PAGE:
A research group led by Professor Hideki Takagi of the University of Tsukuba and Professor Hirofumi Shimomon of Niigata University of Health and Welfare has succeeded in three-dimensionally visualizing the flow of water around the swimmer using a circulating water tank.How to make and handle the vortex of the sole was the key to swimming fast with kick swimming.
The swimmer gains power from the water by swimming and propels the water.At that time, the flow of water around it is called unsteady state (turbulent state), not a steady state at a constant speed like a car or an airplane.In recent studies, swimmers use the force of this unsteady fluid to propel, and it is said that they obtain forces that cannot be calculated from the size and muscle mass of the object.However, there is no means to directly measure this propulsive force, and even if the magnitude of the force is known with the conventional body-attached sensor, the direction and cause are unknown.
The research focuses on underwater dolphin kicks (kick swimming) in swimming races.Using a circulating water tank, a motion capture system and a stereo PIV system were used to simultaneously measure the movement of the swimmer and the flow of surrounding water, achieving three-dimensional visualization of the flow.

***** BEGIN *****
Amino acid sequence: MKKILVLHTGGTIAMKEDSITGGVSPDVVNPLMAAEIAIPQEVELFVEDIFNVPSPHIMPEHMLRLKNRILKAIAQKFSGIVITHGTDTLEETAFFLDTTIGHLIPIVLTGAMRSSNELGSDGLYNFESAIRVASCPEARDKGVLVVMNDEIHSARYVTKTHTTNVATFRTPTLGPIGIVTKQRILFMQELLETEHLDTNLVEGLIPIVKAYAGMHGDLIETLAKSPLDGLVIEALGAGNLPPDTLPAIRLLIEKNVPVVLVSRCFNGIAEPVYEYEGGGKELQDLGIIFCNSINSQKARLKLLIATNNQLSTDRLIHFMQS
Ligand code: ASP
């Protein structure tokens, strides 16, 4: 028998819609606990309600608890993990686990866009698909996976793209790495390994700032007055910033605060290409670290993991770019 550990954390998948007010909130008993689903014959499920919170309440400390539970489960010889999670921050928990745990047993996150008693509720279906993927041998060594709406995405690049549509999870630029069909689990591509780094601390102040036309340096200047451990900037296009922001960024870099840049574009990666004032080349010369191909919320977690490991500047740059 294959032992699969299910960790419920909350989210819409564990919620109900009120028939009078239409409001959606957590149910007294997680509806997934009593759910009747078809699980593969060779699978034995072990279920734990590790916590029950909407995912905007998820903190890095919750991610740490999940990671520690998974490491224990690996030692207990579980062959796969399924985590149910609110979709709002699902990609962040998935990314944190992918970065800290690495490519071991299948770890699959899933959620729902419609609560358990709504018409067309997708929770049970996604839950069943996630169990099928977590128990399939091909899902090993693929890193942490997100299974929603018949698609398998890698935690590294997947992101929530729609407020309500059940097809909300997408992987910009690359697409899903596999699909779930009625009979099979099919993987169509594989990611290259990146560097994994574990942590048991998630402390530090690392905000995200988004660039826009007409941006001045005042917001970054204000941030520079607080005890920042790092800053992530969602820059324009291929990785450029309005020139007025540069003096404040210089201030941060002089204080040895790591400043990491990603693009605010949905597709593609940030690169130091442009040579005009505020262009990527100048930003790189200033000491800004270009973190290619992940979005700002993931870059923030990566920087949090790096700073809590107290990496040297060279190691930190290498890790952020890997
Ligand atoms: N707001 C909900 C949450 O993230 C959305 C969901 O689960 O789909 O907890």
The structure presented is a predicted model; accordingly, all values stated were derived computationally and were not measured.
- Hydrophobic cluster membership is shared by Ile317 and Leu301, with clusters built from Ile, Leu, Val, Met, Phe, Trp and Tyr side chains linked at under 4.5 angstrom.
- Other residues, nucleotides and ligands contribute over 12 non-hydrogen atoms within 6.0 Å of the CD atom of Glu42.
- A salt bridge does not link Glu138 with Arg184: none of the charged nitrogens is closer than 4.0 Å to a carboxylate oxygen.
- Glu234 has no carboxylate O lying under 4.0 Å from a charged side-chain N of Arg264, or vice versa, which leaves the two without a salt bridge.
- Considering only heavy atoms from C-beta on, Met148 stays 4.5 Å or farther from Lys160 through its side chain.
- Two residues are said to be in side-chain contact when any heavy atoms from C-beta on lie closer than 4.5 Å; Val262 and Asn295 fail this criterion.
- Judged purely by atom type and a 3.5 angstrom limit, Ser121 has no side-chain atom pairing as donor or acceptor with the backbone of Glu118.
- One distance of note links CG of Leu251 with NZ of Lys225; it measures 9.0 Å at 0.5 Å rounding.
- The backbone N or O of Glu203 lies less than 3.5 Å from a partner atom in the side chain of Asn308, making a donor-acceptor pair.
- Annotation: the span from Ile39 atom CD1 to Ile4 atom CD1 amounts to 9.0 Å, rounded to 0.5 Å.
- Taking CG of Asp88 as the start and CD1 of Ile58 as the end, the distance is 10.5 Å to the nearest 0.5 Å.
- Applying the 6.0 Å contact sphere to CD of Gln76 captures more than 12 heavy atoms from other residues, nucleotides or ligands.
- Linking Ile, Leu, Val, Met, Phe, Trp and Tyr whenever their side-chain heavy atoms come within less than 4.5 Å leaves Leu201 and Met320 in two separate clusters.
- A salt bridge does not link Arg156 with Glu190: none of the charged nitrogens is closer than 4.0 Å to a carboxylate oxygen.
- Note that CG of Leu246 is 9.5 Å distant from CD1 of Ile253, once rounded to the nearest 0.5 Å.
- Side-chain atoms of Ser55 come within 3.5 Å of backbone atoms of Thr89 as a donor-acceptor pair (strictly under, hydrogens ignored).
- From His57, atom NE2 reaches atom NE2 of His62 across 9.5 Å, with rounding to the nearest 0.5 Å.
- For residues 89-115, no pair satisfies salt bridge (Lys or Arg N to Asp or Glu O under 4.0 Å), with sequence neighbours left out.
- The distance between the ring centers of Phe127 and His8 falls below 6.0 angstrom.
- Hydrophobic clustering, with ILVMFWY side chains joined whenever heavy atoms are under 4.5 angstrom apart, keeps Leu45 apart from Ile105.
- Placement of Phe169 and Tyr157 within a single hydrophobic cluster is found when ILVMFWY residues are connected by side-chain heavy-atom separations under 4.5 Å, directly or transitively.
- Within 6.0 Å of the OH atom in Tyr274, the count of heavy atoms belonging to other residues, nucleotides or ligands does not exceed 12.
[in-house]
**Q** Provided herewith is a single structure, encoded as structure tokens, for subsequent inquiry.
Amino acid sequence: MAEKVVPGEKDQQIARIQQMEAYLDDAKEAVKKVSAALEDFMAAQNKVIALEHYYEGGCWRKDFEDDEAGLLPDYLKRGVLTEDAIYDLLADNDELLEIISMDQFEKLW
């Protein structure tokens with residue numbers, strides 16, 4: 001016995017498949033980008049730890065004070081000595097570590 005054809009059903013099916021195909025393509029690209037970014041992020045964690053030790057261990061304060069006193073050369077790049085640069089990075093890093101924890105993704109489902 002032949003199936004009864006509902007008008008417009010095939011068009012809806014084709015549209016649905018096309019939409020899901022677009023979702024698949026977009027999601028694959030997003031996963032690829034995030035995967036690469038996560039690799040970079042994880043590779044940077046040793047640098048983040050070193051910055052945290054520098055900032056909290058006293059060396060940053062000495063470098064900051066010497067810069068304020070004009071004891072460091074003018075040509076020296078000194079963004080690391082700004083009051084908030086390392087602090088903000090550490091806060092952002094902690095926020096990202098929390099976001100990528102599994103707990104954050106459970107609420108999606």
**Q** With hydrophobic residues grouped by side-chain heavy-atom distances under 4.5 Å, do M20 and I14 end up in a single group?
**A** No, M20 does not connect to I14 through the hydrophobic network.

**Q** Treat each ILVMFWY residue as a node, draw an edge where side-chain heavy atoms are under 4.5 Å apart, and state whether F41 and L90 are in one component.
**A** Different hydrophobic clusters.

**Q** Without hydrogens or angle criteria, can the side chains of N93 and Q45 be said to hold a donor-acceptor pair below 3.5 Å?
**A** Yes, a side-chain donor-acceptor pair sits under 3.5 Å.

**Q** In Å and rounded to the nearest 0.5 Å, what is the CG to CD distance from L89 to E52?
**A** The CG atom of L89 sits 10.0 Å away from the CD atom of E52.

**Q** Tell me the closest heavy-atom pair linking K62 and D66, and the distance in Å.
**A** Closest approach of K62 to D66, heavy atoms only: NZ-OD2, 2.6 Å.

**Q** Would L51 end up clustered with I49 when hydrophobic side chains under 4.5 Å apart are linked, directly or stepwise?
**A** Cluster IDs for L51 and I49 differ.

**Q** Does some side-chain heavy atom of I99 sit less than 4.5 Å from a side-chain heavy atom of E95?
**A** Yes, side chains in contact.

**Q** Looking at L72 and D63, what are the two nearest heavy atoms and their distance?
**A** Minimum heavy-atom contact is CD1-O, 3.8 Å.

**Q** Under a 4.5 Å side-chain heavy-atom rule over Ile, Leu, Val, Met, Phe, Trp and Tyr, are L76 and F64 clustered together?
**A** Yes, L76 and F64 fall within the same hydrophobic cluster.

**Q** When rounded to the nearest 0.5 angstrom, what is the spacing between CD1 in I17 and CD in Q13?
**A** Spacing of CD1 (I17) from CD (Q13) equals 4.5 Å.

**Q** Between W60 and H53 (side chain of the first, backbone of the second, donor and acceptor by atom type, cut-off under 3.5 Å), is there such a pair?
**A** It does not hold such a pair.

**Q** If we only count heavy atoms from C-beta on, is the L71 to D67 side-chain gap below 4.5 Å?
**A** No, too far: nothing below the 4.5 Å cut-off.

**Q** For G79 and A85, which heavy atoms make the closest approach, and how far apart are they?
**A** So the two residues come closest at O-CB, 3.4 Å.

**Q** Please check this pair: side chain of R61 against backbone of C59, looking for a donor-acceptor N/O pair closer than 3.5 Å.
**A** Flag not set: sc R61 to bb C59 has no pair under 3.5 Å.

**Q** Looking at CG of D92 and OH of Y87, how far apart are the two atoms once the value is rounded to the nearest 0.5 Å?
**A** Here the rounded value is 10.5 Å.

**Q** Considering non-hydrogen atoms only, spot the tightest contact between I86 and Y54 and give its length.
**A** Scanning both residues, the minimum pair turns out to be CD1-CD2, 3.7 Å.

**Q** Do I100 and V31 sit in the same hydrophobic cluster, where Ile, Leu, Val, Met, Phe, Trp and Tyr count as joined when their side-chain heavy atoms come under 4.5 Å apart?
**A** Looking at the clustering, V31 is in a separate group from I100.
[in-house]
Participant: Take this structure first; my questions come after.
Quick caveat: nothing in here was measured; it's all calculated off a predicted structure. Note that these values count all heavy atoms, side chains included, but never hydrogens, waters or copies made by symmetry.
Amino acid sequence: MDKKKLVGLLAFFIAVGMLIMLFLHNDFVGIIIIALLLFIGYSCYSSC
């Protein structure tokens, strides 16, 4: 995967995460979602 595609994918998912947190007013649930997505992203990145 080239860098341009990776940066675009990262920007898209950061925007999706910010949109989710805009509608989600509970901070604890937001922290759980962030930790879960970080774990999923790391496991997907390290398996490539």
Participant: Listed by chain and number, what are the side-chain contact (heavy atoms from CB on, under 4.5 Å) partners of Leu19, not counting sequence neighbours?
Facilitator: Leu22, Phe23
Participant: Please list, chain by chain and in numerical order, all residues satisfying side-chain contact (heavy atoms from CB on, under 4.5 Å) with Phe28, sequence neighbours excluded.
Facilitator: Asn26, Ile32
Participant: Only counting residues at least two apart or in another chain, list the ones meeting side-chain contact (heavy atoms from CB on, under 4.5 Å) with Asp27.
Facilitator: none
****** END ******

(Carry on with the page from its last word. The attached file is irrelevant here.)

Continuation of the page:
As a result, kick swimming included twisting motions (internal / external rotation) of the lower limbs in addition to the motion of swinging both legs up and down.A strong vortex is formed on the sole side of the foot during the lowering motion, and the twisting motion of the lower limbs enters at the finish phase of the kicking down, so that the toes approach each other and the vortices are gathered in the center to form a lump.A strong jet flow is emitted from the toes by forming a strong downward flow so that the mass of the vortex attracts the surrounding water.From this, it was found that this vortex mass maximizes the action of the force applied to the foot.
With the three-dimensional visualization method of the flow developed this time, the magnitude of the thrust obtained by the swimmer can be calculated only by shooting with a camera, so it is expected to contribute to effective instruction in swimming.
Paper information:[Journal of Biomechanics] Aquasi three-dimensional visualization of unsteady wake flow inhumanundulatory swimming